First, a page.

If you’re looking for glorious escapism, then look no further. West Australian Ballet’s Dracula is it, says Nina Levy.
Dracula, West Australian Ballet ·
Crown Theatre, 19 August 2021 ·
Why are vampire stories so beloved today?
From Buffy to Twilight, there’s no doubting the power these mythical creatures have over us humans living at the turn of the millennium.
Just as the rise in popularity of Gothic horror fiction – including Bram Stoker’s 1897 classic, Dracula – is thought to have been a reaction to the rapid urbanisation wrought by the Industrial Revolution, perhaps we too find some sort of escape from our increasingly digitised and virtualised lives in these garishly chilling tales of ancient supernatural beings.
Based on Stoker’s novel, West Australian Ballet’s Dracula provides that escapist extravagance in spades.
The brainchild of WAB Artistic Director Aurélien Scannella, Dracula was created for the company in 2018 by Polish choreographer Krzysztof Pastor. From the sombre yet opulently detailed sets and costumes by UK design duo Phil R Daniels and Charles Cusick Smith, moodily lit by Jon Buswell, to a score that could double as a highlights reel of work by Polish film composer Wojciech Kilar (including selections from his 1992 score for Bram Stoker’s Dracula), Scannella’s production of Dracula feels like the embodiment of “the spirit of extravagance”, to which Susan Sontag refers in her famed 1964 essay Notes On “Camp”.
The dancers of WAB rise to the occasion, with performances that would make Sontag proud.
Like turn-of-the-century fans of Stoker’s Dracula, Perth audiences have responded with fervour to the ostentatiousness of this production. This is Dracula’s third outing in just three years and judging by the excitement of the opening night audience, enthusiasm is far from waning.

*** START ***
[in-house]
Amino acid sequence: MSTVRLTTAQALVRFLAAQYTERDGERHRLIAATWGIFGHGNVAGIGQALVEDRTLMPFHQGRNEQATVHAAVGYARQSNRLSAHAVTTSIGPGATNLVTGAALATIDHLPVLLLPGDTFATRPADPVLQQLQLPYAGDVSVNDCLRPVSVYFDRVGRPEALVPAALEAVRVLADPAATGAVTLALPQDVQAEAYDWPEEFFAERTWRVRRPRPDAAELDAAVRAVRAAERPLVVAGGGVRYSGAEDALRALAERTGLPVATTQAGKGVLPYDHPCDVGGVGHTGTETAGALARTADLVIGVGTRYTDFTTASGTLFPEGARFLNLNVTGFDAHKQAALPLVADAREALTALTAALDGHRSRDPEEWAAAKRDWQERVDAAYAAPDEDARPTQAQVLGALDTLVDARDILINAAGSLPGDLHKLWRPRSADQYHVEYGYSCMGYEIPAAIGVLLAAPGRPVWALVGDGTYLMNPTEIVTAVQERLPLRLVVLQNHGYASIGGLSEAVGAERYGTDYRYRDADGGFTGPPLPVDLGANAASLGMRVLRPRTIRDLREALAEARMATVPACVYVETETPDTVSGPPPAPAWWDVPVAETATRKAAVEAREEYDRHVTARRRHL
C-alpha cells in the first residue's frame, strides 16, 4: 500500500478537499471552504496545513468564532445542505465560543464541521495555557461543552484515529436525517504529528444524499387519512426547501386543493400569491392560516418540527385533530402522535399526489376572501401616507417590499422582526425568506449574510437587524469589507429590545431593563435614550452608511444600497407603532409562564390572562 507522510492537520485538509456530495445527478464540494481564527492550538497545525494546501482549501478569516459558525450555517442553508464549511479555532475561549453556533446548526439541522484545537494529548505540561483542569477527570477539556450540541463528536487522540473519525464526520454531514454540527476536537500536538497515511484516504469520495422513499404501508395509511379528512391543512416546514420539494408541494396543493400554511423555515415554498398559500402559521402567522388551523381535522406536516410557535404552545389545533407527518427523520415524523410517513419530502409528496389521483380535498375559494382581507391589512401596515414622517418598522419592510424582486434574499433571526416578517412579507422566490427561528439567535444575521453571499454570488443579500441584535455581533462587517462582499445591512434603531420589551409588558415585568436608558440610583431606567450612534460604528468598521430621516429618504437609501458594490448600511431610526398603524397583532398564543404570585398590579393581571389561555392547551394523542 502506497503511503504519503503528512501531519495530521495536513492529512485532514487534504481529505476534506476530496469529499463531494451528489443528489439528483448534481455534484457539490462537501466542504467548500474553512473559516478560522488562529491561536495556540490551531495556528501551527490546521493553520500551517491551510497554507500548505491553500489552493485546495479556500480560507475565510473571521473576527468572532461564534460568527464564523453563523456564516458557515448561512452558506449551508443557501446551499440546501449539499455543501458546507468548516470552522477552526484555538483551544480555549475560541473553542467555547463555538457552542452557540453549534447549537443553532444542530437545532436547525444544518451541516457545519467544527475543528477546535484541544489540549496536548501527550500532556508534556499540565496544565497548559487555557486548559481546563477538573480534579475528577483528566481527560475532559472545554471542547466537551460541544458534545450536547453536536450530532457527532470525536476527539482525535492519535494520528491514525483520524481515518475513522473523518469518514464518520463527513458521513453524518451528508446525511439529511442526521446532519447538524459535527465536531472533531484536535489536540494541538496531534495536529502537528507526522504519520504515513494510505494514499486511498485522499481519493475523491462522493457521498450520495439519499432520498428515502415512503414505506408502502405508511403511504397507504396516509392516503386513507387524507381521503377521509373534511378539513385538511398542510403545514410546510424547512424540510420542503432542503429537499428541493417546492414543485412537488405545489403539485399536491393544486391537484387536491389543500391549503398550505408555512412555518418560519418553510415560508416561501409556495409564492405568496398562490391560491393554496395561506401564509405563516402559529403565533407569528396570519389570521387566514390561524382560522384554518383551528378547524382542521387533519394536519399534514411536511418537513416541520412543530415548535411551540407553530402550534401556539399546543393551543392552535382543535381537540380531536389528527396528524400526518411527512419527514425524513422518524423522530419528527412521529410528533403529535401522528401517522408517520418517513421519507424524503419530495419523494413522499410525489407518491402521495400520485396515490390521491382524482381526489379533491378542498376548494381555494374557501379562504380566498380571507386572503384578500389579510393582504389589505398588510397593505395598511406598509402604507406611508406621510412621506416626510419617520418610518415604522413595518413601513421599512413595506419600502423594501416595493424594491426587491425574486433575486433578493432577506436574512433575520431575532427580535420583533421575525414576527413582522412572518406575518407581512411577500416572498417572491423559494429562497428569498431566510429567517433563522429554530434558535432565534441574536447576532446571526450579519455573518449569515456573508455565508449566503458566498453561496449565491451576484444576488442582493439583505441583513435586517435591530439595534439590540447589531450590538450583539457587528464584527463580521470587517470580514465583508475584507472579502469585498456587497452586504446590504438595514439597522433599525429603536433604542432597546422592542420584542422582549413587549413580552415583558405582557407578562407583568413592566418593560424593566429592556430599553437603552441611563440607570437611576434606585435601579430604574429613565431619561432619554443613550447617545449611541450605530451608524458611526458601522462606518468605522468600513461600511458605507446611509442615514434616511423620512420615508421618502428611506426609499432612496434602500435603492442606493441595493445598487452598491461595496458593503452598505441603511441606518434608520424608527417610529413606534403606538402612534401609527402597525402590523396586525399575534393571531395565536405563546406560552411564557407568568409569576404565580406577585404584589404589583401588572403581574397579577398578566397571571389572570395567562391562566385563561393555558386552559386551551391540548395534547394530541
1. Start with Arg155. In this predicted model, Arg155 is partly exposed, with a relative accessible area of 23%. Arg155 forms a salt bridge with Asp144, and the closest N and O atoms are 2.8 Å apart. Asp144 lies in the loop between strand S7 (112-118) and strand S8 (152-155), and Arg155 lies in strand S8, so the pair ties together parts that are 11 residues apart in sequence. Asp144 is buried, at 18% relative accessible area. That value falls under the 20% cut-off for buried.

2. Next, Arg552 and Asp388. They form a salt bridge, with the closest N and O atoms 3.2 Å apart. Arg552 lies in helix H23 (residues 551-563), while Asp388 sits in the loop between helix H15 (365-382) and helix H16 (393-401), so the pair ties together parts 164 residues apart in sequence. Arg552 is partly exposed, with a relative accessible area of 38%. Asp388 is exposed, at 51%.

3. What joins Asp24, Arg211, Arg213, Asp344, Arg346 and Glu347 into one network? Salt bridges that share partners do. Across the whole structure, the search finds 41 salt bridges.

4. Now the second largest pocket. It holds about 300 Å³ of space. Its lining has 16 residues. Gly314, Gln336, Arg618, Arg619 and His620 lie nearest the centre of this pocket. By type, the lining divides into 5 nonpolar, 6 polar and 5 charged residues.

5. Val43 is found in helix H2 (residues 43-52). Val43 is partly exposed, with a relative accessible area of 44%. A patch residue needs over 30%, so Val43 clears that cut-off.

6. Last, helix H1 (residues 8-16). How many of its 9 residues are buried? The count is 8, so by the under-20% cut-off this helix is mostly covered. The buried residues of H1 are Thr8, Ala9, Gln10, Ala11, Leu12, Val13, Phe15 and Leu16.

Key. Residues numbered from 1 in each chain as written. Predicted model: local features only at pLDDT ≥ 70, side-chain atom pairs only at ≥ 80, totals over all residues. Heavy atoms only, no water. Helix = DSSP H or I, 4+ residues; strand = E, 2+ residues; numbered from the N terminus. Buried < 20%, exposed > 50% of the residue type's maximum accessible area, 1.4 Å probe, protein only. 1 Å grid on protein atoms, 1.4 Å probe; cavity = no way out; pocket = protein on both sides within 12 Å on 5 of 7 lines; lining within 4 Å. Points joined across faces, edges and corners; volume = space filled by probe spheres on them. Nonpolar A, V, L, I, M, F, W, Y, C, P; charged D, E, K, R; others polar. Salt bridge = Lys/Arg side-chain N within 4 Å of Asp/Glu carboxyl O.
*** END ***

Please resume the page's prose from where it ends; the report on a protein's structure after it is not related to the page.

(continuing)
This third season is taking place at Crown Theatre rather than the company’s home theatre, His Majesty’s. It’s a canny move, not just for the chance to reach new audiences. In comparison to the Maj, the extra space at Crown – on stage and in the auditorium – gives the design and choreography room to breathe.
A small disadvantage? In the gloom of Transylvania, the extra distance occasionally made it hard to see some choreographic details.
Another regret is that the grandiose score is played from a recording rather than live. Though beautifully rendered by West Australian Symphony Orchestra under conductor Jessica Gethin, a recording cannot match the nuances of live performance.
These are minor quibbles, however. This production continues to be a resounding success.
With the casting little changed from previous seasons, it is a pleasure to see dancers given the opportunity to reprise roles.
Returning to the stage one last time as Old Count Dracula, Scannella gave an opening night performance as heart-rending as it was chilling as the vampire who has mourned his lost love for centuries. As his alter-ego, Young Count Dracula, Matthew Lehmann exuded a dangerous charm, smooth and suave in both technique and manner.
As the hapless but handsome Jonathan Harper, Oscar Valdes gave an exemplary performance. His moments of soaring grande allegro – in particular his double saute basques – are a treat to watch. Act I’s pas de deux between Young Dracula and Jonathan is a highlight of the ballet and was danced with precision that teetered delightfully on the edge of outright comedy by Lehmann and Valdes.
In the role of the Elizabeth/Mina, Carina Roberts shows herself to be a dancer who continues to move from strength to strength. Notable here for her glorious lines and fluid adagio, she is a touchingly poignant figure, even as she forsakes her Jonathan for Dracula.
Melissa McCabe, as Lucy, made a marvellously melodramatic transition from frivolous flirt to wild-eyed vampire. After a 20-year career McCabe retires from the stage at the conclusion of this season and her charismatic presence will be greatly missed.
Also worthy of mention are Matthew and Oliver Edwardson, whose sharp synchronicity as Dracula’s Phantoms was impressive; and Jesse Homes, whose ability to cross the boundaries between tight technical control and an insouciant looseness of limbs made for a compelling performance as asylum patient Renfield.
Much has been said about the increasingly distressing news that we are receiving from around the country and the world this week. If you’re looking for some glorious escapism, look no further – Dracula is it.
Pictured top is Matthew Lehmann as Young Dracula. Photo by Bradbury Photography
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